US President Donald Trump speaks during a campaign rally at Manchester-Boston Regional Airport in Londonderry, New Hampshire on October 25, 2020. Democratic Presidential candidate and former Vice President Joe Biden delivers remarks at a voter mobilization event in Cincinnati, Ohio, on October 12, 2020.
MILWAUKEE - Barack Obama will join forces with Joe Biden in Michigan as Donald Trump goes all in on the crucial state of Pennsylvania Saturday and the two candidates dig deep on the final weekend before Tuesday's US presidential election.
For the first time since the start of the campaign, Biden, 77, will be joined on stage by his former boss and most popular campaigner, former President Barack Obama.
They'll put on two drive-in rallies in the cities of Flint and Detroit in Michigan. Stevie Wonder is expected to be the musical guest of the evening.
Trump, 74, won the industrial state by a narrow margin of 0.2 points in 2016 - but this year the former vice president leads by seven points.
That puts him in pole position to take its 16 electoral votes, a sizable leap towards the 270 he needs to win the White House.
For the past week Obama has put his popularity at the service of his former vice president, hosting several rallies at which he repeatedly slammed Trump's response to the coronavirus pandemic, notably in Florida and Pennsylvania.
But Trump - who has dismissed Obama's rallies as much smaller than his own - will himself head to Pennsylvania Saturday, where he will host three rallies, a sign of how key the state is to his own path to 270 votes.
He won Pennsylvania, where Biden was born, by a razor-thin margin against Hillary Clinton in 2016. Every ballot will therefore count on November 3 if he hopes to claim its 20 electoral votes once more.
Biden will follow suit there both on Sunday and Monday in a clear sign that his campaign also sees the Keystone State as absolutely crucial to victory.
Millions voting early
On Friday the two candidates battled over the American Midwest, barnstorming three heartland states each as they chased every last vote in a region that propelled the Republican to victory in 2016.
But the race was overshadowed by the coronavirus pandemic, with infections spiking across the country. More than 94,000 new infections were recorded Friday -- a new high for the second day running -- and total cases passed nine million.
Nevertheless Trump, who has long said the virus will "disappear," remained defiant at rallies in Michigan, Wisconsin and Minnesota.
"We just want normal," he told supporters - many of them unmasked - at an outdoor rally near Detroit as he pushed states to relax public health restrictions and resume daily life.
He again bucked the advice of his own administration's health experts and downplayed the threat of the coronavirus, saying "if you get it, you're going to get better, and then you're going to be immune."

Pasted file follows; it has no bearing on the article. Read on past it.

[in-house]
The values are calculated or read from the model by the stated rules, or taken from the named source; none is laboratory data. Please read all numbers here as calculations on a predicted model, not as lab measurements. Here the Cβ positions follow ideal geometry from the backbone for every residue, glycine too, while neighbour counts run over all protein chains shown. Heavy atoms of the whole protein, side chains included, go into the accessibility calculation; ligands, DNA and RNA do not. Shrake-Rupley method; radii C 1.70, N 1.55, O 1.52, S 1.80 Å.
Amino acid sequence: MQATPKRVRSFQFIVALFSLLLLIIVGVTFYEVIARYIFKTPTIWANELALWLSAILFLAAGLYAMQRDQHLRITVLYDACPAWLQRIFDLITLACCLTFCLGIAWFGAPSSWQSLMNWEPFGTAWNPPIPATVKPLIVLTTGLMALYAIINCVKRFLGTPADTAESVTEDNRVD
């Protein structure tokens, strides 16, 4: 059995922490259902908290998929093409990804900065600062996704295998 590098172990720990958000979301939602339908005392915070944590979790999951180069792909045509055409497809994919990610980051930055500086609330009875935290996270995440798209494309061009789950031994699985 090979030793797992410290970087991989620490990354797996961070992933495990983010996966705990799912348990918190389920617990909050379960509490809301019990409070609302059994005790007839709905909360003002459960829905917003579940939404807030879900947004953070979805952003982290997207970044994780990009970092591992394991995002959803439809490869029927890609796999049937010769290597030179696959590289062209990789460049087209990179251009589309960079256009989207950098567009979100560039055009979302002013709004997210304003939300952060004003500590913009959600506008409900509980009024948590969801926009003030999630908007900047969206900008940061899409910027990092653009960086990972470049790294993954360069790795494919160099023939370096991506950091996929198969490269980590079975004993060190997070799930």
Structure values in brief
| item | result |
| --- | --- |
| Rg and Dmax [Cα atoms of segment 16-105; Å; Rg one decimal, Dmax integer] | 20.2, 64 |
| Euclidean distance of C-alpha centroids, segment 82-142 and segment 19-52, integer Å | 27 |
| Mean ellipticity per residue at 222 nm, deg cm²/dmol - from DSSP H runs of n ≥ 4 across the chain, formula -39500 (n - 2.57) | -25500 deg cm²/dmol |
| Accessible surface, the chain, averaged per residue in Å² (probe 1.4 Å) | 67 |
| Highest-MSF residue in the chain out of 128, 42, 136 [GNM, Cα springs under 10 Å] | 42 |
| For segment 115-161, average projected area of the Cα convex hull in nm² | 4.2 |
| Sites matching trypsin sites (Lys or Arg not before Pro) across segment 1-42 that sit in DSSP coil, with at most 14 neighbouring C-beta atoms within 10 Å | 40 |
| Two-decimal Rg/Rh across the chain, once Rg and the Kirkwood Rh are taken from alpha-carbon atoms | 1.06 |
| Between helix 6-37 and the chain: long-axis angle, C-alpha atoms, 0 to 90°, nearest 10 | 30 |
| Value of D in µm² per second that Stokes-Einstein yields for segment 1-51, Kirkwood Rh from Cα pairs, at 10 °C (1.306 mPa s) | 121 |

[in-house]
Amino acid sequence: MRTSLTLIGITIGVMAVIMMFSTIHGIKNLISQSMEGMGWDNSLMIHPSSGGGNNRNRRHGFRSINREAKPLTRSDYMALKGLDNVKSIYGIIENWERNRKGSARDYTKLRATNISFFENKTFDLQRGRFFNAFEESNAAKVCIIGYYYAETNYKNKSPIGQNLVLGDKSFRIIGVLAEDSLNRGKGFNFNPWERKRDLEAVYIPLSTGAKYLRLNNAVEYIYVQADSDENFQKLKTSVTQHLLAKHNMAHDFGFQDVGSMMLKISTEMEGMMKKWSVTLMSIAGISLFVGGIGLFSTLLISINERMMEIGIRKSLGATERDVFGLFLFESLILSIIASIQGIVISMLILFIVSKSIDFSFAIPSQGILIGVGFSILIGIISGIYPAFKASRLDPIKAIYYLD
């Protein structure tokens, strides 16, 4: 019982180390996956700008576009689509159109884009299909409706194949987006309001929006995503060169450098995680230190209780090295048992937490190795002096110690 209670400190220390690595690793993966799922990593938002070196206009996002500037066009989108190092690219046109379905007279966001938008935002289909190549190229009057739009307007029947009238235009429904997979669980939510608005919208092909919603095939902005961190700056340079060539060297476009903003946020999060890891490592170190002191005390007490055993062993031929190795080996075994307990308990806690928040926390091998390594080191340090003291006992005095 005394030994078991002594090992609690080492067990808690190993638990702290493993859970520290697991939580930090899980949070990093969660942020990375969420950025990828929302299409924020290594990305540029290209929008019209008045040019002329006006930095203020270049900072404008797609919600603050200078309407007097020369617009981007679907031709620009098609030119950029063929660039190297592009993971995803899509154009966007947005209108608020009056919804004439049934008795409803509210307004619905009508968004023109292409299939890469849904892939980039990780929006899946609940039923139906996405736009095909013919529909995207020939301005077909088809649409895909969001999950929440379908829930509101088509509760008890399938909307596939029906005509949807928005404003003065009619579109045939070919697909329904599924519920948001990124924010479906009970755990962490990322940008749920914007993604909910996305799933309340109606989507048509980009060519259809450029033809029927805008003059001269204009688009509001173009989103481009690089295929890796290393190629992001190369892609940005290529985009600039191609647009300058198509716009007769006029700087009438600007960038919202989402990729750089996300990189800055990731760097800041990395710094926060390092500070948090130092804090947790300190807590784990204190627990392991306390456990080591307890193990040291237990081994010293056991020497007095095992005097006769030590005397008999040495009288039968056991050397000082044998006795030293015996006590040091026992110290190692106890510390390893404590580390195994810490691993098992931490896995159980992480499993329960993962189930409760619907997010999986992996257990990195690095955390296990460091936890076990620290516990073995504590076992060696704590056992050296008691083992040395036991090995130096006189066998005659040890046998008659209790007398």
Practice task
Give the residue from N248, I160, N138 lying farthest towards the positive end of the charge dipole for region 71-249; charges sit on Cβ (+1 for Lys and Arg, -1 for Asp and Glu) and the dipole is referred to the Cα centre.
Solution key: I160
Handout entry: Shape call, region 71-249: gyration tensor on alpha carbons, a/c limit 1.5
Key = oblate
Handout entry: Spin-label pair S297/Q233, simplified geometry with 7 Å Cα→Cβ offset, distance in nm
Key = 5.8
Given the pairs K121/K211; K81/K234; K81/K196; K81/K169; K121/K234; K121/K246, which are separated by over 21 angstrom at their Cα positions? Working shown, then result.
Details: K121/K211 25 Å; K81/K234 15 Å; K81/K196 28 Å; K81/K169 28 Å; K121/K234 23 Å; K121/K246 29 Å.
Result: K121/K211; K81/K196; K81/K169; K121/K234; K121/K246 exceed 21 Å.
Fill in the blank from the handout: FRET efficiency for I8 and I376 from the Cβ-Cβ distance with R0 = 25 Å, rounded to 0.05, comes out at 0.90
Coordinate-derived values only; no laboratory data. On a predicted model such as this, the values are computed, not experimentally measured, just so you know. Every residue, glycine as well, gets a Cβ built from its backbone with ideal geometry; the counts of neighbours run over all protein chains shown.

The virus has killed nearly 230,000 Americans.
US hospitals are bracing as infections soar in nearly every state, with winter flu season looming.
The outbreak has ravaged the economy, and while there have been signs of recovery, millions remain jobless.
Trump has touted the economic successes of his presidency, including positive GDP figures Thursday. But US stocks closed out their worst week since March, highlighting concerns about a shaky recovery.
And with voters concerned about the health hazards of crowded polling stations on November 3, a record 86-million have already cast early ballots by mail or in person.
'Turn Texas blue?'
After a campaign largely muted by the pandemic, Biden is on the offensive, pushing Trump onto the back foot in unexpected battlegrounds like Texas, a large, traditionally conservative bastion now rated a toss-up by multiple analysts.
On Friday, the state reported that a staggering nine million residents had already voted, surpassing its 2016 total.
Biden's running mate Kamala Harris visited Texas on Friday in a bid to turn the state Democratic for the first time since president Jimmy Carter in 1976.
Biden winning there would be a major blow to Trump, but the president dismissed the notion, saying: "Texas, we're doing very well."
Biden also stumped Friday in Wisconsin and in Minnesota, where he sharpened his attacks on the president on everything from Trump seeking to dismantle Obama-era health care protections and keeping his taxes secret to climate change and trade policy with China.
"We can not afford four more years of Donald Trump," the Democrat said at a socially distanced drive-in rally in St. Paul, Minnesota.
"So honk your horn if you want America to lead again!" he said, embracing the awkward pandemic-era campaign trend of rallying supporters in their vehicles.
In Iowa, he attacked Trump over his handling of the pandemic, telling another drive-in rally in Des Moines that Trump has "given up (and) waved the white flag."